Section 50 clarifies that in-kind contributions are not counted in an affidavit of contributions from a candidate who receives public subsidies. The candidate must file an affidavit with the board stating that the principal campaign committee has complied with the stated requirements.

Section 51 provides a cross reference in chapter 211B noting the Board’s jurisdiction for the sections 12 of the bill.

Section 52 repeals sections relating to termination that are replaced by new language in the bill. This bill also repeals a subdivision that relates to non-election-year spending limits, which is no longer necessary because the bill makes contribution limits apply to a whole election cycle.

Article 2. Technical Changes

Section 1 expands the definition of "public official" to include House and Senate fiscal analysts. Current law already includes House and Senate legislative analysts and attorneys.

Section 2 strikes a references to individuals being guilty of a gross misdemeanor and replaces it with language that says a violation of the subdivision is a gross misdemeanor.

Section 3 allows the Board to impose late filing fees starting on the day after the due date. The late filing fee is increased to $25 per day, not to exceed $1,000.

Section 4 strikes a reference to individuals being guilty of a gross misdemeanor and replaces it with language that says a violation of the subdivision is a gross misdemeanor.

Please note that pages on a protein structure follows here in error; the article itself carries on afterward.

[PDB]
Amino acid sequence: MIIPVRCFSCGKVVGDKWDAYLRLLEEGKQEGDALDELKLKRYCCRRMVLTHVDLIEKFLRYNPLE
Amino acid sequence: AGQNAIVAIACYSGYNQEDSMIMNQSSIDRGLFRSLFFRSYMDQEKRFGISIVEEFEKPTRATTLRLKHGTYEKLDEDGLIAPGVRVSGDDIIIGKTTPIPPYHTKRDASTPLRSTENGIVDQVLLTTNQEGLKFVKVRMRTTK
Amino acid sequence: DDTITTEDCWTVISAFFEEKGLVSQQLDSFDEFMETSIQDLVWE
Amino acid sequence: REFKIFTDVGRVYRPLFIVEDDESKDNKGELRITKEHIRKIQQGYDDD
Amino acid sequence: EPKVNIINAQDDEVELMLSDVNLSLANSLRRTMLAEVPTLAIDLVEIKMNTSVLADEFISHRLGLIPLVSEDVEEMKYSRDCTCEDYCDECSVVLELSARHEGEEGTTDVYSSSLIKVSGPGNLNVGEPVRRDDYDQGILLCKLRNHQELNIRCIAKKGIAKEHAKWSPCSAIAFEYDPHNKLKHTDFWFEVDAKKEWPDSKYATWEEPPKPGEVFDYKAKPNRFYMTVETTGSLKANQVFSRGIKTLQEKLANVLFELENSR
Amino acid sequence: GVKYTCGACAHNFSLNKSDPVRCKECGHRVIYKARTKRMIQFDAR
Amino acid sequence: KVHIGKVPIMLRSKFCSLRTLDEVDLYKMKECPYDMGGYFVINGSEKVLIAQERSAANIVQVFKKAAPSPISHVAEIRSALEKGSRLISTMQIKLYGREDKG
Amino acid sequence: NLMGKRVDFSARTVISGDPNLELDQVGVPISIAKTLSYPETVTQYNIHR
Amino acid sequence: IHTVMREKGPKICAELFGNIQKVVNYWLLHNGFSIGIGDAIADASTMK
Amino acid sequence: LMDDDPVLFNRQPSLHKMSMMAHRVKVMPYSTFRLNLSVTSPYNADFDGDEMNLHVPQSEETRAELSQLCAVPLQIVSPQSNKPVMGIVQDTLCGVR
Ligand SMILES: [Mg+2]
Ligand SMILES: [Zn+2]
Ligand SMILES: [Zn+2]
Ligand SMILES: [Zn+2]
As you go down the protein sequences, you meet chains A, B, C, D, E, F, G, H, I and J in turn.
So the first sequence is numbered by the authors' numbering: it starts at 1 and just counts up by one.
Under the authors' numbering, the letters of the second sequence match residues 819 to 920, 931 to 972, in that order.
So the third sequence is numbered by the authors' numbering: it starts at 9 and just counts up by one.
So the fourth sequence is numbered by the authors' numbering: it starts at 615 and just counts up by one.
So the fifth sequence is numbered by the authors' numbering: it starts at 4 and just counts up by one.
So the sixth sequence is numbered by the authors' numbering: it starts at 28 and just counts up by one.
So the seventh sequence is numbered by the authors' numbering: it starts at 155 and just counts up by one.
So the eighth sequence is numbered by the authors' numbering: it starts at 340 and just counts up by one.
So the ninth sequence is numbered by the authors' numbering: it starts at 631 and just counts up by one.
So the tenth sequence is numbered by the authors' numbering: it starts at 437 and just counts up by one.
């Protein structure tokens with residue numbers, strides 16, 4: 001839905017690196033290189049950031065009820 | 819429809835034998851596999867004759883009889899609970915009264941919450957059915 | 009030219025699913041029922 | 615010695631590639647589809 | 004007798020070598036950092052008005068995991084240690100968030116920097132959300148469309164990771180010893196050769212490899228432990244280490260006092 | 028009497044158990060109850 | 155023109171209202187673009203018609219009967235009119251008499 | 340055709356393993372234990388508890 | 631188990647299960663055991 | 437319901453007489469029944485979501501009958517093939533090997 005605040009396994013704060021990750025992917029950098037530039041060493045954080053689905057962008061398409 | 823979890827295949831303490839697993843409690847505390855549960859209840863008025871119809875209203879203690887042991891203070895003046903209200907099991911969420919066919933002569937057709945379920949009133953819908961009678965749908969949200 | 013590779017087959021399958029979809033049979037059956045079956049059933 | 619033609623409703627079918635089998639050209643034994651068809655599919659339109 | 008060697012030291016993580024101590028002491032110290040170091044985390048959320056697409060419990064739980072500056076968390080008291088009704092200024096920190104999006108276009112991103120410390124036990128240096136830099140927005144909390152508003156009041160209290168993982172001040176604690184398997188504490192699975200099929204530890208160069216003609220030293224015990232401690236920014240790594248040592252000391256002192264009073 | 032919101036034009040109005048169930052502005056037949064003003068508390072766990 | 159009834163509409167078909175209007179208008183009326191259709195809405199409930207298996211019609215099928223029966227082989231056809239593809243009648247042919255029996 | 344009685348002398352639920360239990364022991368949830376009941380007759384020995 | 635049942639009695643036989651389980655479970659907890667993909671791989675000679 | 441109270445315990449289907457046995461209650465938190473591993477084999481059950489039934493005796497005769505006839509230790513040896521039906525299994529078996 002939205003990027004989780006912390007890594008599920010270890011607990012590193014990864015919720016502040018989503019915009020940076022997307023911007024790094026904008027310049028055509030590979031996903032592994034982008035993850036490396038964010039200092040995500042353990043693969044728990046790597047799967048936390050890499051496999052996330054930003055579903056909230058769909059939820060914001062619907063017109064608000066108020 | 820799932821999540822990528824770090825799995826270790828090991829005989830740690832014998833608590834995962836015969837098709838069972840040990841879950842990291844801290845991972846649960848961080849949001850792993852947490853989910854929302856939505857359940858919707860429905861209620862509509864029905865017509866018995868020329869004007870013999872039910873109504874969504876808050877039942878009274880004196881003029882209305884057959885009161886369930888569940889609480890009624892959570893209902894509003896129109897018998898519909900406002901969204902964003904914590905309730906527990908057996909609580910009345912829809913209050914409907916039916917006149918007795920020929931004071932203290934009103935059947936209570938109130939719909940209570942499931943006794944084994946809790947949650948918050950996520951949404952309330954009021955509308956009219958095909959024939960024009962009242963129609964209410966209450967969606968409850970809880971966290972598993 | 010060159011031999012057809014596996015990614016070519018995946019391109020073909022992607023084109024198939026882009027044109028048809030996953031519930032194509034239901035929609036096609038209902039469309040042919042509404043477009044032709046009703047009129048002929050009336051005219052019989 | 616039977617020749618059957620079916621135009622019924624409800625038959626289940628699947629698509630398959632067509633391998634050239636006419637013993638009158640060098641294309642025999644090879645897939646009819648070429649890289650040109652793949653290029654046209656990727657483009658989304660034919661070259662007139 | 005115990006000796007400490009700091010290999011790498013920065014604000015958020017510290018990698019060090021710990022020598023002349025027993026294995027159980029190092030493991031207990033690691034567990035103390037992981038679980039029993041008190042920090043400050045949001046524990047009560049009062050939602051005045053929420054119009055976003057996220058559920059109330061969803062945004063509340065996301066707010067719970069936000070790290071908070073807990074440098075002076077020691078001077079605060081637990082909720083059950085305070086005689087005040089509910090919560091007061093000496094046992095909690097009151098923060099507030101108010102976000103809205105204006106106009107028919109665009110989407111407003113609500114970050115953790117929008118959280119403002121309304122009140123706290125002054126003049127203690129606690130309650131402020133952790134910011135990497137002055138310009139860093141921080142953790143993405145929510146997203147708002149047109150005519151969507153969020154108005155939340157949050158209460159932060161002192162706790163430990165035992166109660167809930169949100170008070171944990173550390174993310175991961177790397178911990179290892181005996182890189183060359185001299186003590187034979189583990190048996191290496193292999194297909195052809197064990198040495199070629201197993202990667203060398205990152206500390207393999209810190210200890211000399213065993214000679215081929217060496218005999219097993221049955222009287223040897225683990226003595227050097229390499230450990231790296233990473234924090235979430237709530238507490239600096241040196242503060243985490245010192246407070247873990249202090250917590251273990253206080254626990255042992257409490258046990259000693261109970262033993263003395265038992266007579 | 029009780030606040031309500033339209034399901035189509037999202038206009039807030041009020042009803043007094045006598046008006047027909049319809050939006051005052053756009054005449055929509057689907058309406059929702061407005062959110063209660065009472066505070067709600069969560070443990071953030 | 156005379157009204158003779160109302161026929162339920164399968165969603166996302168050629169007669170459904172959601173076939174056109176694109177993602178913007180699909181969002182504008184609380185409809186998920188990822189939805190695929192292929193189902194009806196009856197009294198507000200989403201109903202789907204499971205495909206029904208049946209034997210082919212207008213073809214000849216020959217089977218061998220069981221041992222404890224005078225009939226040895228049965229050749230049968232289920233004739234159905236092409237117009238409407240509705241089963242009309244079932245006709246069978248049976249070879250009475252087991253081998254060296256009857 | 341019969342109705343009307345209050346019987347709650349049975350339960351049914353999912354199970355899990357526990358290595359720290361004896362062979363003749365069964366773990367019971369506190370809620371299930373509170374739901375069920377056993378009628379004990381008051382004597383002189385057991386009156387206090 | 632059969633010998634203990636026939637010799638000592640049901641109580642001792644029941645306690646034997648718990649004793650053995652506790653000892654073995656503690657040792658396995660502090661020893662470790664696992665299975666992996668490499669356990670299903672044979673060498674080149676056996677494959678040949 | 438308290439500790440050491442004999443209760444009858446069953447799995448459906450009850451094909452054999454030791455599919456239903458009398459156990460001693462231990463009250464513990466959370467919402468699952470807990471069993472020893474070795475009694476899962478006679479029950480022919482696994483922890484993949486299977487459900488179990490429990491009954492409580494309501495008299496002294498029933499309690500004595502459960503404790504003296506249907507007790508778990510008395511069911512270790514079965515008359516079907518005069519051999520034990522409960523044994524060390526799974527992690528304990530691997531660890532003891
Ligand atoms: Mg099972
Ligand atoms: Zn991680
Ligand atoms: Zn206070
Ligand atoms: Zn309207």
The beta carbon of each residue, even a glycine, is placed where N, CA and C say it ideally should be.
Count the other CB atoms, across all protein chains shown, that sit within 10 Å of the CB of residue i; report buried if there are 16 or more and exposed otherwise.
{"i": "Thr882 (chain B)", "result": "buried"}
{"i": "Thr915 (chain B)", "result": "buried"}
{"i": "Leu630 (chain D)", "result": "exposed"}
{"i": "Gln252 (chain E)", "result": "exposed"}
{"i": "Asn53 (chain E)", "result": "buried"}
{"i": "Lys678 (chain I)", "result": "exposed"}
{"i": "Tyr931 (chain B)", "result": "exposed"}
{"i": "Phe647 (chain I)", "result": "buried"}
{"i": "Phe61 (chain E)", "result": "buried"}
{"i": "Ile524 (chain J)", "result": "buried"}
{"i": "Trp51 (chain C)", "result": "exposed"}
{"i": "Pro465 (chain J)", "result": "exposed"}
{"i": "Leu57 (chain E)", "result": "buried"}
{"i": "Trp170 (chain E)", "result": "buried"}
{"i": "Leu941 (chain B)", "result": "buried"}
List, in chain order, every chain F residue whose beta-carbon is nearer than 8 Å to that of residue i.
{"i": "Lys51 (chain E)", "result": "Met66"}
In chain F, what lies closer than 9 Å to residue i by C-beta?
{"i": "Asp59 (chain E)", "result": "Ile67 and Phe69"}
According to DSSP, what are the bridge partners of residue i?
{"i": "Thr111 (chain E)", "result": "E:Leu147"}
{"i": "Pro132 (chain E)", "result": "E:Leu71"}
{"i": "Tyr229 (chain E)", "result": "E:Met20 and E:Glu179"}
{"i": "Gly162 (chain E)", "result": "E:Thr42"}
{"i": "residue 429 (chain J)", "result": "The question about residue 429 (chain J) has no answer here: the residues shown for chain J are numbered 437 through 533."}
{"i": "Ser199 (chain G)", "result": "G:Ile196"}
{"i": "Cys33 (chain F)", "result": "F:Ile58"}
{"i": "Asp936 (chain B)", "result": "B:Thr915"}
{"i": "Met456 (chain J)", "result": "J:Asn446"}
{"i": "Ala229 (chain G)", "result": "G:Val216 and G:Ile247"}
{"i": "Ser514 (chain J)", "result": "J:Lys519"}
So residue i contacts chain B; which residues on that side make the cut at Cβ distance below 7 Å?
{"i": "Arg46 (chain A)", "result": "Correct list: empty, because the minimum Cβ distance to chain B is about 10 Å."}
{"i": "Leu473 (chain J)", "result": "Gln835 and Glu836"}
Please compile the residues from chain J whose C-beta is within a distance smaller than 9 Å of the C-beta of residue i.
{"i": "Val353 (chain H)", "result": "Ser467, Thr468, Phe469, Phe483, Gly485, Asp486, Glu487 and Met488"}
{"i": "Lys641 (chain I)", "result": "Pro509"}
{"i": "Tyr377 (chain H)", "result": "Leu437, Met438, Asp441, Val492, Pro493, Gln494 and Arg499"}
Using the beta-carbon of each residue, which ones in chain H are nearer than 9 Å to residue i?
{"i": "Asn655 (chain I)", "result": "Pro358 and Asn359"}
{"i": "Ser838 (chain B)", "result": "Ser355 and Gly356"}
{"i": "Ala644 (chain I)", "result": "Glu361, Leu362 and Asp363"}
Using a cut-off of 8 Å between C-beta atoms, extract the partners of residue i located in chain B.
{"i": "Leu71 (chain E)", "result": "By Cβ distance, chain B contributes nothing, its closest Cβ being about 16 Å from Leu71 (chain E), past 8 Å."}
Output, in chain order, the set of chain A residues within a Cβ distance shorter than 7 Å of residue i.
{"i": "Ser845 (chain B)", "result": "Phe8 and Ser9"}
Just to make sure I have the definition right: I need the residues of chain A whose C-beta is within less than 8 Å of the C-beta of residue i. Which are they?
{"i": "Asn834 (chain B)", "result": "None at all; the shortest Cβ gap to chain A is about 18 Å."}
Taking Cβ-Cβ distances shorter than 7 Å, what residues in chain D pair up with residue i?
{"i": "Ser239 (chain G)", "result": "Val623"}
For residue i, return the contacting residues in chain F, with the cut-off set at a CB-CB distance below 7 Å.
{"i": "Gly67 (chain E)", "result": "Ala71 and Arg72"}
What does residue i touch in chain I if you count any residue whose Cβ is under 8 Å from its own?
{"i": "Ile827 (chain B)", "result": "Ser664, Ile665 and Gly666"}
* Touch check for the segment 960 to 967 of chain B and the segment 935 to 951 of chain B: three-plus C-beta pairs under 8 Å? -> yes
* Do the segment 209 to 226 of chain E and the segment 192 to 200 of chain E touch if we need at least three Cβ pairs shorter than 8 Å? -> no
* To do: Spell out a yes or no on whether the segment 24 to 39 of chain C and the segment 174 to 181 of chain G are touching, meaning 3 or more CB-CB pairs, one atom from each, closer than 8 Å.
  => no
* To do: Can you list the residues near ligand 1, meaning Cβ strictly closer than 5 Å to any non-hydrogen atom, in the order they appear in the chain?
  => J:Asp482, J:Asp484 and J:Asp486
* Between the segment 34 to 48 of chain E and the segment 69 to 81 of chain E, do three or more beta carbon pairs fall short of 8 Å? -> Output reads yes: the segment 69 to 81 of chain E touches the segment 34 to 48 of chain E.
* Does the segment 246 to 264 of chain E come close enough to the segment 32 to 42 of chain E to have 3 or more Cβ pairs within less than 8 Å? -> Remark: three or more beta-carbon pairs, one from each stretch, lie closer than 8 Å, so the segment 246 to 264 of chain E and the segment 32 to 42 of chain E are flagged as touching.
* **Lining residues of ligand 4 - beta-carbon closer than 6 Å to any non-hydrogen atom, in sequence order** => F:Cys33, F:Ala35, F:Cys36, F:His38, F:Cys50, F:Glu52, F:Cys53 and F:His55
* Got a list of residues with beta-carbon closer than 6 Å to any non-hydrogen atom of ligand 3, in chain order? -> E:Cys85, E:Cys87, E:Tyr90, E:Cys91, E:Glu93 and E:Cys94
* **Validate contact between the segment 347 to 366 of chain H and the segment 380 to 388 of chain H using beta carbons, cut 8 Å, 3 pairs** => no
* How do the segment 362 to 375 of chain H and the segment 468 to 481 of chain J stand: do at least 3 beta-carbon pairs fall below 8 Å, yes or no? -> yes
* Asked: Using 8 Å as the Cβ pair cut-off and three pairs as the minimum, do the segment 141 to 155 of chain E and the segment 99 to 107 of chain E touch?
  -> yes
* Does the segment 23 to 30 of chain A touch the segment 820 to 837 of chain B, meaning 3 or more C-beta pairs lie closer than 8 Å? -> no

Section 5 clarifies that the reporting period for a campaign report is January 1 to December 31 of the reporting year.

Section 6 corrects an internal inconsistency in the grace periods granted after a report filing deadline.

Section 7 prohibits accepting contributions from an association not registered with the Board during a legislative session. The language referencing a dissolving principal campaign committee is removed, thus allowing a terminating committee to make contributions during the legislative session.

Section 8 extends the changes made in section to the penalty provisions. The Board may bring an action to collect civil penalites; in current law, the Board is required to bring an action.

Section 9 creates a "state special elections campaign account" in the special revenue fund. The creation of this account means that funds for special election public subsidy payments are handled in the same way as other public subsidy payments. The term "fund" is stricken and replaced with "account" to use proper terminology.

Section 10 corrects a date that was not corrected when the primary election was moved to August. The requirement that a candidate must spend half of their general account public subsidy payments by a specific date is removed.

Section 11 says that money from the general fund for special election subsidy payments is transferred to the state special elections campaign account instead of to the Board.

Section 12 strikes a reference to individuals being guilty of a misdemeanor and replaces it with language that says a violation of the subdivision is a misdemeanor.

Article 3. Conforming changes

Sections 1 to 8 change the word "fund" to "account" to conform to changes made in Article 2.